"The Israeli embassy convoy left Amman and was headed for the Hussein bridge when the blast occurred. Nobody was hurt," an Israeli diplomat said yesterday, referring to the crossing between Jordan and the Israeli-occupied West Bank.
Israeli media said the bomb detonated near the convoy taking the Israeli ambassador to Jordan, Dani Nevo, to the bridge, also known as the Allenby bridge, 50km west of Amman.
But sources in Jordan said former Israeli ambassador Yakov Rosen was in the convoy, not Mr Nevo, while Israel's Foreign Ministry said it was unclear whether Mr Nevo was in the convoy headed to Israel via the West Bank.
Israel's Ynetnews said four embassy staff members and two security guards were in the convoy, while the newspaper Haaretz said two remotely detonated bombs exploded, causing one car to flip over. The embassy's consular officer and her husband arrived back in Israel, reports said.
"The cars were not damaged by the blast," Nabil Sharif said, adding an investigation was under way into the attack and to determine the type of explosives used.
A source close to the investigation said: "The blast left a crater . . . 10cm deep and 80cm wide."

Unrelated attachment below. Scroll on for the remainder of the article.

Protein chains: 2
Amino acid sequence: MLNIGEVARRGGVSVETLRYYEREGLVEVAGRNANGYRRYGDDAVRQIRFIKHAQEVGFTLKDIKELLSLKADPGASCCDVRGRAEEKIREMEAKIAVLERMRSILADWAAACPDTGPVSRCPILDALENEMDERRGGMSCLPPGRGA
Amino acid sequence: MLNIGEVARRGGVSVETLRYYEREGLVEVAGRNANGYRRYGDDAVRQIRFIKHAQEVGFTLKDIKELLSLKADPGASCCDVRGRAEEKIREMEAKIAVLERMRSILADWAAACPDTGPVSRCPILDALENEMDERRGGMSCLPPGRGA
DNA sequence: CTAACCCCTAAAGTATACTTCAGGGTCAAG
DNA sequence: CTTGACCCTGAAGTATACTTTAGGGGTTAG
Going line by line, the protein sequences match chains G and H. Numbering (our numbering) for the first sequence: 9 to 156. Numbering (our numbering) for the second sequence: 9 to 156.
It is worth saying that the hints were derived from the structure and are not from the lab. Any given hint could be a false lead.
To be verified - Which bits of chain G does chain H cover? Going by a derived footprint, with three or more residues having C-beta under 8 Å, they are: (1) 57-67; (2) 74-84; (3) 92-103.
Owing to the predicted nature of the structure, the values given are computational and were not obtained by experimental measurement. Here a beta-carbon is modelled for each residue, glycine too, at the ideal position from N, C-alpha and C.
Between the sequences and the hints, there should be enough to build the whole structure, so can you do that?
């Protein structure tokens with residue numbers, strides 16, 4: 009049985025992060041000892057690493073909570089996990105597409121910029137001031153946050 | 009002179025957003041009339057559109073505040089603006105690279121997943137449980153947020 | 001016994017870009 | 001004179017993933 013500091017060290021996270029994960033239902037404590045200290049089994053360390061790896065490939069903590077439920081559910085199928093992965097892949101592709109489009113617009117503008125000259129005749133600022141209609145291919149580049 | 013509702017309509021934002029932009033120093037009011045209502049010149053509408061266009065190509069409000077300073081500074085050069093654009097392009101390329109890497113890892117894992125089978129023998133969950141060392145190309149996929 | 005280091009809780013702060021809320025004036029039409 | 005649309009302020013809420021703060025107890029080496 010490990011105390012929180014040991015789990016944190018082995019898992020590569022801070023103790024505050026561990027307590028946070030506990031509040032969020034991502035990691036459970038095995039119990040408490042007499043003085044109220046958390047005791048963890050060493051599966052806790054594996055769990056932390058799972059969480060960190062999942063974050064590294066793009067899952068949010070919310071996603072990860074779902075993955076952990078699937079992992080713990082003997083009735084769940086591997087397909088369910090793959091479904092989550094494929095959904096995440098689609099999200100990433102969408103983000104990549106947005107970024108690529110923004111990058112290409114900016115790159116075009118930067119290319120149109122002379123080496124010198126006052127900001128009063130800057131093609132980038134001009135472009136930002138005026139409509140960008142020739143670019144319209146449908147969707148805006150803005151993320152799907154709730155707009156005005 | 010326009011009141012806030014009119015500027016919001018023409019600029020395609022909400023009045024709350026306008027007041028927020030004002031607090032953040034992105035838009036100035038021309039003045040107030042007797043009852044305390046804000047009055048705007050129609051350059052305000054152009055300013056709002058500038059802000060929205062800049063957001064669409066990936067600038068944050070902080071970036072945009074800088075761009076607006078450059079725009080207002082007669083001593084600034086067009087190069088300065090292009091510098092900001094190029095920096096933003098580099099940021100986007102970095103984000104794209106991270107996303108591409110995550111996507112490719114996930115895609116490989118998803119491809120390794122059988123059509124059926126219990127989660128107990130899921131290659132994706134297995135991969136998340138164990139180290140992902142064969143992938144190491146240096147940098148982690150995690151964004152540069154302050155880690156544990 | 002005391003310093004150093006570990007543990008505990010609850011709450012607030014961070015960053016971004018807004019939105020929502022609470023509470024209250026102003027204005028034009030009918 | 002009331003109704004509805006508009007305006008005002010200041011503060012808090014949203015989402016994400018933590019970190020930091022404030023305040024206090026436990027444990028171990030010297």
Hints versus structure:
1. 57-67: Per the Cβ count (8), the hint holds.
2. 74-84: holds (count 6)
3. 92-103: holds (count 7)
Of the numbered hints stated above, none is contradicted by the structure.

Israeli diplomats often travel home on Thursdays, the start of the Muslim weekend in Jordan, and return on Sundays to Jordan, which in 1994 became only the second Arab state to sign a peace treaty with Israel, after Egypt.
Israeli diplomats in Jordan usually use rental cars.
Several attacks or attempted attacks against Israelis have occurred in Jordan since the signing of the treaty but such incidents have been rare in recent years.
In 2003, a Jordanian driver crossed the southern border with Israel and opened fire at a group of foreigners in the transit zone. He was shot by Israeli soldiers.
A non-Israeli tourist was killed and five others were wounded.
Israeli analysts said security co-ordination between Jordan and Israel was excellent, andAmman had foiled several attempts to attack Israeli targets in the past.
"I'm sure this was a surprise for the Jordanians. These people are probably Islamic or al-Qa'ida that pose a danger to the Hashemite kingdom, too," Ephraim Inbar, director of the Begin-Sadat Centre for Strategic Studies said.
Jordan's Muslim Brotherhood said "such incidents should be expected". "As long as Israel is in the region, carrying out its non-stop aggression against the Palestinian people, we should expect these things to happen," said Brotherhood spokesman Jamil Abu Baker. "Israel is the source of violence in the Middle East."
The influential Muslim Brotherhood and its political arm, the Islamic Action Front, have repeatedly called for the scrapping of the peace treaty, expulsion of Israel's ambassador and a cut in relations with Israel.